When I was a child I changed what I wanted to be when I grew up on a weekly basis. I was often told that it wouldn’t be possible. I couldn’t be a ballerina because I was too tall, I couldn’t be a singer because I was tone deaf, I couldn’t be an astronaut because I got travel sick just going to my Granny's on the bus. There were lots of things I couldn’t do because I was rubbish at them but no-one, absolutely no-one ever told me that I couldn’t do something because I’m a girl.
I worked for an airline for eleven years in a predominantly female environment where no-one cared about my gender. Seniority was based on rank and experience. It wasn't until I left that environment at the age of 31 that I noticed some people treated me differently because I was female. It’s rare, but it does happen.
Last year I had a phone call from a guy who was organising an event and looking for speakers. The conversation was going well until he said “we don’t have a woman so I thought of you.” Really?! “You don’t want me for my brains, my sparkling conversation or my wit; you’re only inviting me so there is a token woman on the panel?”....I could say I politely declined but to be honest, I was far from polite. Was this a one off? No, in the last year it's happened twice.
I put it down to the individuals being idiots rather than a reflection of the bigger picture as the majority of men I meet don’t live in the 1950’s. However can you remember the last time you read a feature in an industry magazine entitled “Men in Digital” or “Men in Advertising”? No, I can’t think of a time either so why do it for women?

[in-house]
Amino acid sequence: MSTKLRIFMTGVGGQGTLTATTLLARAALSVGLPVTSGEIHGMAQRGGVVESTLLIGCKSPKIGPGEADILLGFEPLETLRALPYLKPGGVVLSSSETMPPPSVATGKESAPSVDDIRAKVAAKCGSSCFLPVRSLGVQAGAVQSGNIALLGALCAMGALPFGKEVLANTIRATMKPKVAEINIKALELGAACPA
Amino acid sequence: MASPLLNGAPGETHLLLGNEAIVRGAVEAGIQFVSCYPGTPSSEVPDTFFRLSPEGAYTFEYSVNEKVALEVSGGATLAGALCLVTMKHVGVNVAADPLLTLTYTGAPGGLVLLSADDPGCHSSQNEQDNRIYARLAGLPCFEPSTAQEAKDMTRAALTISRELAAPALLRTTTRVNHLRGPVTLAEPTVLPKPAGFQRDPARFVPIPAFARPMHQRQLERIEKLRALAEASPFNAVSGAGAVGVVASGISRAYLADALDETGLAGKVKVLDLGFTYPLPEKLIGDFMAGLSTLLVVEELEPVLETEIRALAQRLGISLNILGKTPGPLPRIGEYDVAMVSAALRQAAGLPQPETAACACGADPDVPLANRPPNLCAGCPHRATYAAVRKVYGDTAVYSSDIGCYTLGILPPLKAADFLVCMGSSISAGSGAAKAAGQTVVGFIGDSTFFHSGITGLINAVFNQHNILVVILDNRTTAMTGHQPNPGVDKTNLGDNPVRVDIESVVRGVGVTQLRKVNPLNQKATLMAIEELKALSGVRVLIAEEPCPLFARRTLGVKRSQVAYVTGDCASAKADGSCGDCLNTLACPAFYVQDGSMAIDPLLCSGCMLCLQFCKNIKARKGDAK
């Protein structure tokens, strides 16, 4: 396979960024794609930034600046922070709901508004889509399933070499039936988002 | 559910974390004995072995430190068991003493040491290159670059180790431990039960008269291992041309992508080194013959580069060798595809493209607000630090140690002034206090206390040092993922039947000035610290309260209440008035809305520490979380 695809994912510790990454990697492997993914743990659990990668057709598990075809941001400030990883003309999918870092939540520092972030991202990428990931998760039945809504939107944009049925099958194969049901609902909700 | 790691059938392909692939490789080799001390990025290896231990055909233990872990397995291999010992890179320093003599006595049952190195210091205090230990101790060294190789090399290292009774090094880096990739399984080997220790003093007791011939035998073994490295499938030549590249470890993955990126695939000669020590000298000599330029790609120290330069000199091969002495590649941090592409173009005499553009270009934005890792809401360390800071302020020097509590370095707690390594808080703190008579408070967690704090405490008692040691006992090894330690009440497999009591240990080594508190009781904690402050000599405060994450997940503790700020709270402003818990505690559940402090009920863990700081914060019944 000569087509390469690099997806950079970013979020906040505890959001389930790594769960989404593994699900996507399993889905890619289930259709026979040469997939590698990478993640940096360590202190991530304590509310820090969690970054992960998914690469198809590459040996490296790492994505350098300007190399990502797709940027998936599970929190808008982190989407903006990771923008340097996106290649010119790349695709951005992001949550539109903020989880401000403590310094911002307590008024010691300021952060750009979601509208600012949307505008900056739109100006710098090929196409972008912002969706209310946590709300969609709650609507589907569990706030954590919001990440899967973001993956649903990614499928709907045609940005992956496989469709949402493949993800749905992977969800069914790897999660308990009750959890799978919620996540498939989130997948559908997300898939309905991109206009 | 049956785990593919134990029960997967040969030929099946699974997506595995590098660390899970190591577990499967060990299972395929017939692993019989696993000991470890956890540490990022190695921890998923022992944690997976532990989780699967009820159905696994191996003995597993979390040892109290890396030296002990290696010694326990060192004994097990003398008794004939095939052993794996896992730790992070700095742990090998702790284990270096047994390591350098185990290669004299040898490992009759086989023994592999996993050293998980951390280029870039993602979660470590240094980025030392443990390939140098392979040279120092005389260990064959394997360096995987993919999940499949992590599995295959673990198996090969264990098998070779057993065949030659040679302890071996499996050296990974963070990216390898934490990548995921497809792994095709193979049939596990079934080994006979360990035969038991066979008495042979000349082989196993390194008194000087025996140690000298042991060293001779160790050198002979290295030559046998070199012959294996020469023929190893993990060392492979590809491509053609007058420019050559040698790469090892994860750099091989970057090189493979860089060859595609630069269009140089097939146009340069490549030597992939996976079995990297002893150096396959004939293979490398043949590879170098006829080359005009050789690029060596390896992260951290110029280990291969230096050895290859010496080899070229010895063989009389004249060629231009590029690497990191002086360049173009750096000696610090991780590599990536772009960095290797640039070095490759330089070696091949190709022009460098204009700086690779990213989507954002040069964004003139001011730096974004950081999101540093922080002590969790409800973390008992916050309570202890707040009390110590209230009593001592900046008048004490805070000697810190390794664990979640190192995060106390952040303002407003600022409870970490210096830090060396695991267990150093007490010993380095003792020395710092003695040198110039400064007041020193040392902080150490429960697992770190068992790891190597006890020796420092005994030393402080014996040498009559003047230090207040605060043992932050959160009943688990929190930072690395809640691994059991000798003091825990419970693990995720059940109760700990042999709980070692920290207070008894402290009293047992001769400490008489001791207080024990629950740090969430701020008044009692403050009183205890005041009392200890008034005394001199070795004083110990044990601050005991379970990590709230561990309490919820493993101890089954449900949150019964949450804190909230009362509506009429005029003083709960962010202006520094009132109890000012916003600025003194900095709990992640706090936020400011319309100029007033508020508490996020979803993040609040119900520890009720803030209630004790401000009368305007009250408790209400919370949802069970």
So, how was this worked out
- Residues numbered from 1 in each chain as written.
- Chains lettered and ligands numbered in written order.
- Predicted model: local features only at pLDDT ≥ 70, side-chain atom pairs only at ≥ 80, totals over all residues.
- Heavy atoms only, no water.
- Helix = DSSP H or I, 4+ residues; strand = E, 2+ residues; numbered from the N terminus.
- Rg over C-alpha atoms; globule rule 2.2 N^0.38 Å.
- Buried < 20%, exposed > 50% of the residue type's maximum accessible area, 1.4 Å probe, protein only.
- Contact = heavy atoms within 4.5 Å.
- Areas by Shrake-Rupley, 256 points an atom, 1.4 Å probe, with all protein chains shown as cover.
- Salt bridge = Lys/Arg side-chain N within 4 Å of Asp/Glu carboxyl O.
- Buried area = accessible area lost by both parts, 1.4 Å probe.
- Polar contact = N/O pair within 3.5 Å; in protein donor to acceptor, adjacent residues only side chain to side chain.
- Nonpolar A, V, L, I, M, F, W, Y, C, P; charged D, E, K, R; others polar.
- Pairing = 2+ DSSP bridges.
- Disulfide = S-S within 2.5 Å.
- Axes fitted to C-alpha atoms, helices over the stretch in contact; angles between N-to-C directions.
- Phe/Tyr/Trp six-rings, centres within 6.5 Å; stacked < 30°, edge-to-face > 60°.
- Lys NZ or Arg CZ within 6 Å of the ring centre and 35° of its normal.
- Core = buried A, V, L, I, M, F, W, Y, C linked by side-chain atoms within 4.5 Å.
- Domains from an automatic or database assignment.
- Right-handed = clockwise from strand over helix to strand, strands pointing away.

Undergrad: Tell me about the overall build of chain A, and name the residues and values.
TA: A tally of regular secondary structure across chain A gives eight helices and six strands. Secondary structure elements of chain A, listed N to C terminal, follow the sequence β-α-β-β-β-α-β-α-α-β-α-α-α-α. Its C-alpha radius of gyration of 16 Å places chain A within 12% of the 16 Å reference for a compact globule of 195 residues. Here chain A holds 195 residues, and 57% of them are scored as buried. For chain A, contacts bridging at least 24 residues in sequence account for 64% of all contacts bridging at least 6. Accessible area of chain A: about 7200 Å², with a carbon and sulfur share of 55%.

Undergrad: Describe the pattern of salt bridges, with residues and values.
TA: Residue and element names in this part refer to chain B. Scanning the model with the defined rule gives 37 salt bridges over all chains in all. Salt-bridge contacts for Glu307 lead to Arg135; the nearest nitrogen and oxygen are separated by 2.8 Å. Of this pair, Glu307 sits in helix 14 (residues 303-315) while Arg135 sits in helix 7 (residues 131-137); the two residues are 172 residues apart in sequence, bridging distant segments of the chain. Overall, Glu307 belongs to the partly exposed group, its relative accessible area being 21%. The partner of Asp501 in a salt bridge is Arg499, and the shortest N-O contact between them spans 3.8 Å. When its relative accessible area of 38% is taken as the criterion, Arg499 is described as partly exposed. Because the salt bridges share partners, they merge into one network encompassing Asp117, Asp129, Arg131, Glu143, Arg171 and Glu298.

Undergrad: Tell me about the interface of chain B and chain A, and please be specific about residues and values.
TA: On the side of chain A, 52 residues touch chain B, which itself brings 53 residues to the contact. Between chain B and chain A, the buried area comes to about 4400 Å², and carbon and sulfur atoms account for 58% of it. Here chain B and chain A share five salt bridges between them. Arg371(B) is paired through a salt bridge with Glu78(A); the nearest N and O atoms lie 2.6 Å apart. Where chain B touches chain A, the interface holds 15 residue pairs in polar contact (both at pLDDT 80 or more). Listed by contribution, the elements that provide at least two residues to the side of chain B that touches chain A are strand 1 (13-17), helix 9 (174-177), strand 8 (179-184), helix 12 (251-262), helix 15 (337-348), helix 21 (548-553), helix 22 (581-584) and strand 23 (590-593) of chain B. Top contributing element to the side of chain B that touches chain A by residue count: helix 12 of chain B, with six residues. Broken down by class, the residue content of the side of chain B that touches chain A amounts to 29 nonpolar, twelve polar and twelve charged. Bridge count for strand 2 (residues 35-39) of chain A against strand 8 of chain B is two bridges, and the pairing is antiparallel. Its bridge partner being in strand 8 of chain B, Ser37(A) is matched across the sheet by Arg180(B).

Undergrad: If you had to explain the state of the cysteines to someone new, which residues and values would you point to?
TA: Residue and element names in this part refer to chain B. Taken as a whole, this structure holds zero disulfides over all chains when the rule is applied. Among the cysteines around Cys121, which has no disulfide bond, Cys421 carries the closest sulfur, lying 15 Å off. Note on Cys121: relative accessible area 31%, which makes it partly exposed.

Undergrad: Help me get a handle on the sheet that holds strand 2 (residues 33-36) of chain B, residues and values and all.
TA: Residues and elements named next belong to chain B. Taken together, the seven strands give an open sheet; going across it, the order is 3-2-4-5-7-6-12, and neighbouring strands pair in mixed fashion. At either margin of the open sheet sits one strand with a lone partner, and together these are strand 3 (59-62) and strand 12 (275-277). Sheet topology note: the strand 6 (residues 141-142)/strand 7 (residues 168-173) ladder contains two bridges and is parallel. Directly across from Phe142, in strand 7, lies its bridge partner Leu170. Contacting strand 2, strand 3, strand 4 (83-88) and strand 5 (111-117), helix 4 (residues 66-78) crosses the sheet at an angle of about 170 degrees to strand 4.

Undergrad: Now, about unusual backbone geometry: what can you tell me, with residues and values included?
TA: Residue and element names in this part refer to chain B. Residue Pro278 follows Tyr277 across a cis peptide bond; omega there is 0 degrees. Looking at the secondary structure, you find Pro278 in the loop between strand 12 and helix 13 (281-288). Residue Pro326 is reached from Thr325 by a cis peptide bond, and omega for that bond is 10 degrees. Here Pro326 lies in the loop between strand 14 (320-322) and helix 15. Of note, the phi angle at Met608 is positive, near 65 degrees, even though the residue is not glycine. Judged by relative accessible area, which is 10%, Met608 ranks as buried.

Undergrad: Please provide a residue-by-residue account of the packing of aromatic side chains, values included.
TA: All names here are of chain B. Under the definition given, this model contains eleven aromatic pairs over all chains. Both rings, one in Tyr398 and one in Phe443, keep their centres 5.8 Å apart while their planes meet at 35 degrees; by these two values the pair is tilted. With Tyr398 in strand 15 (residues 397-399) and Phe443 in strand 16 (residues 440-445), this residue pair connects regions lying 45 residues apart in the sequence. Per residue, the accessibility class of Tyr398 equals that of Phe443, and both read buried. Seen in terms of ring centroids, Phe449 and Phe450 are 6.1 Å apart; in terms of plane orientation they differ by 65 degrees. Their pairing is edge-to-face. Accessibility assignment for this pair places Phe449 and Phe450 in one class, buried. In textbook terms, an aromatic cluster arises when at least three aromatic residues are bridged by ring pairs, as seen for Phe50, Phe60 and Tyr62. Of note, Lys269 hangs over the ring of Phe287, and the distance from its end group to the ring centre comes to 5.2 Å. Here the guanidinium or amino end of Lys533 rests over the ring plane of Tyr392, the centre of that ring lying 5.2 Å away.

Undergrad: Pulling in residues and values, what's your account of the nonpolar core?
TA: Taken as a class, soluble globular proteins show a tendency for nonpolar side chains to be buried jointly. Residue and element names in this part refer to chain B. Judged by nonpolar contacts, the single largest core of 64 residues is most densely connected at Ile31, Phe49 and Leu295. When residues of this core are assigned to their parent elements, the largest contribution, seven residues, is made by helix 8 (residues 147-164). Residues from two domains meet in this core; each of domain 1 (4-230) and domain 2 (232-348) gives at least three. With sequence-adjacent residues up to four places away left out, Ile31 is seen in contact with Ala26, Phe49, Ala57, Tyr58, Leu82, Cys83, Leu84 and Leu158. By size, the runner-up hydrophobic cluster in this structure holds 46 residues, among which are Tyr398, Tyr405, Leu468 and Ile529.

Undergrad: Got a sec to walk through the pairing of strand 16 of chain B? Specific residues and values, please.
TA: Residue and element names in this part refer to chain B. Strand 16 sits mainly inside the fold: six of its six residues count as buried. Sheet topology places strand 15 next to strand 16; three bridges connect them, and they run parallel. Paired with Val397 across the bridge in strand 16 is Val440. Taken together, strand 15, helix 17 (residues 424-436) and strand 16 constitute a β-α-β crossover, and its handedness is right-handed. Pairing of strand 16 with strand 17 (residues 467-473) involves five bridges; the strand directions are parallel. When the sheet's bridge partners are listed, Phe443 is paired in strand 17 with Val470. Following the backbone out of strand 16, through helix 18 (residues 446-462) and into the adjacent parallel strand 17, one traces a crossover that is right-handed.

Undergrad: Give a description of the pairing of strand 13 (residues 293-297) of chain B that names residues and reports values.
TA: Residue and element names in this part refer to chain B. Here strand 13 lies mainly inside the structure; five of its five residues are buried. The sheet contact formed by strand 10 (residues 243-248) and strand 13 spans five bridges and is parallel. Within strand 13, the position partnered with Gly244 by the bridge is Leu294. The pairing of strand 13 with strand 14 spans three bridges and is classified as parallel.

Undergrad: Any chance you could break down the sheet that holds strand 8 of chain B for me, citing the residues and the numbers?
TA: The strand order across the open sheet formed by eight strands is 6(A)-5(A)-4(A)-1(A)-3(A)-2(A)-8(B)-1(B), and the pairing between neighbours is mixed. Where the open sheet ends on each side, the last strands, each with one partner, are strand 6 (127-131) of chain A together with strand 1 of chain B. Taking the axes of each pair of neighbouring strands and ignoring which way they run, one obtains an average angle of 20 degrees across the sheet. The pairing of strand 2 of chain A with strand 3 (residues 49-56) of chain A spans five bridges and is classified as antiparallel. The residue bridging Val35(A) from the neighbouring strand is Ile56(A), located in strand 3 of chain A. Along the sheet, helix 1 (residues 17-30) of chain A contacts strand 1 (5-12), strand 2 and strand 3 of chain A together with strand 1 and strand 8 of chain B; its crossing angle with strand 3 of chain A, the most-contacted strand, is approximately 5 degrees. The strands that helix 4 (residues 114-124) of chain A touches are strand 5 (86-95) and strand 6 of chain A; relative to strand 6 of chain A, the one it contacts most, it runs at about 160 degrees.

When following large events and conferences on Twitter I frequently see other women question “Where are the female panellists?”. The answer appears to be that they are often not there or greatly outnumbered by men. Why is that? Are women backwards at coming forward? Is ratio a factor depending on industry? Are women not invited to speak at higher profile events or do we decline the offer due to a lack of confidence? I’m genuinely interested to find out.
I consider myself to be what I call an “Equalist". I believe people should be judged on their ability, not their gender, race, religion or what school they went to, and the vast majority of people I meet share the same values. We all joke about “typical man” or “typical woman” which is pretty harmless (let’s face it, if there was such a thing as “typical” the divorce rate would be a lot lower) but for future generations we need more positive role models, male and female.
I was cautious about writing this post as there’s a chance some will consider it anti-men or think that I’m going to take to burning my bra in the street. If you’ve met me you’ll know there’s no chance of that and talking to my female peers has convinced me to publish this post. I’m writing this because there are lots of seriously talented, hardworking, intelligent women who represent a whole generation of little girls who grew up believing hard work and ability were more important than gender. I’d pay to hear those women talk, sharing their knowledge with the business community and sharing the stage with their equally inspiring male counterparts. So, the next time you attend a big conference with an all-male panel please ask the organiser where the women are? I seriously doubt they are all washing their hair.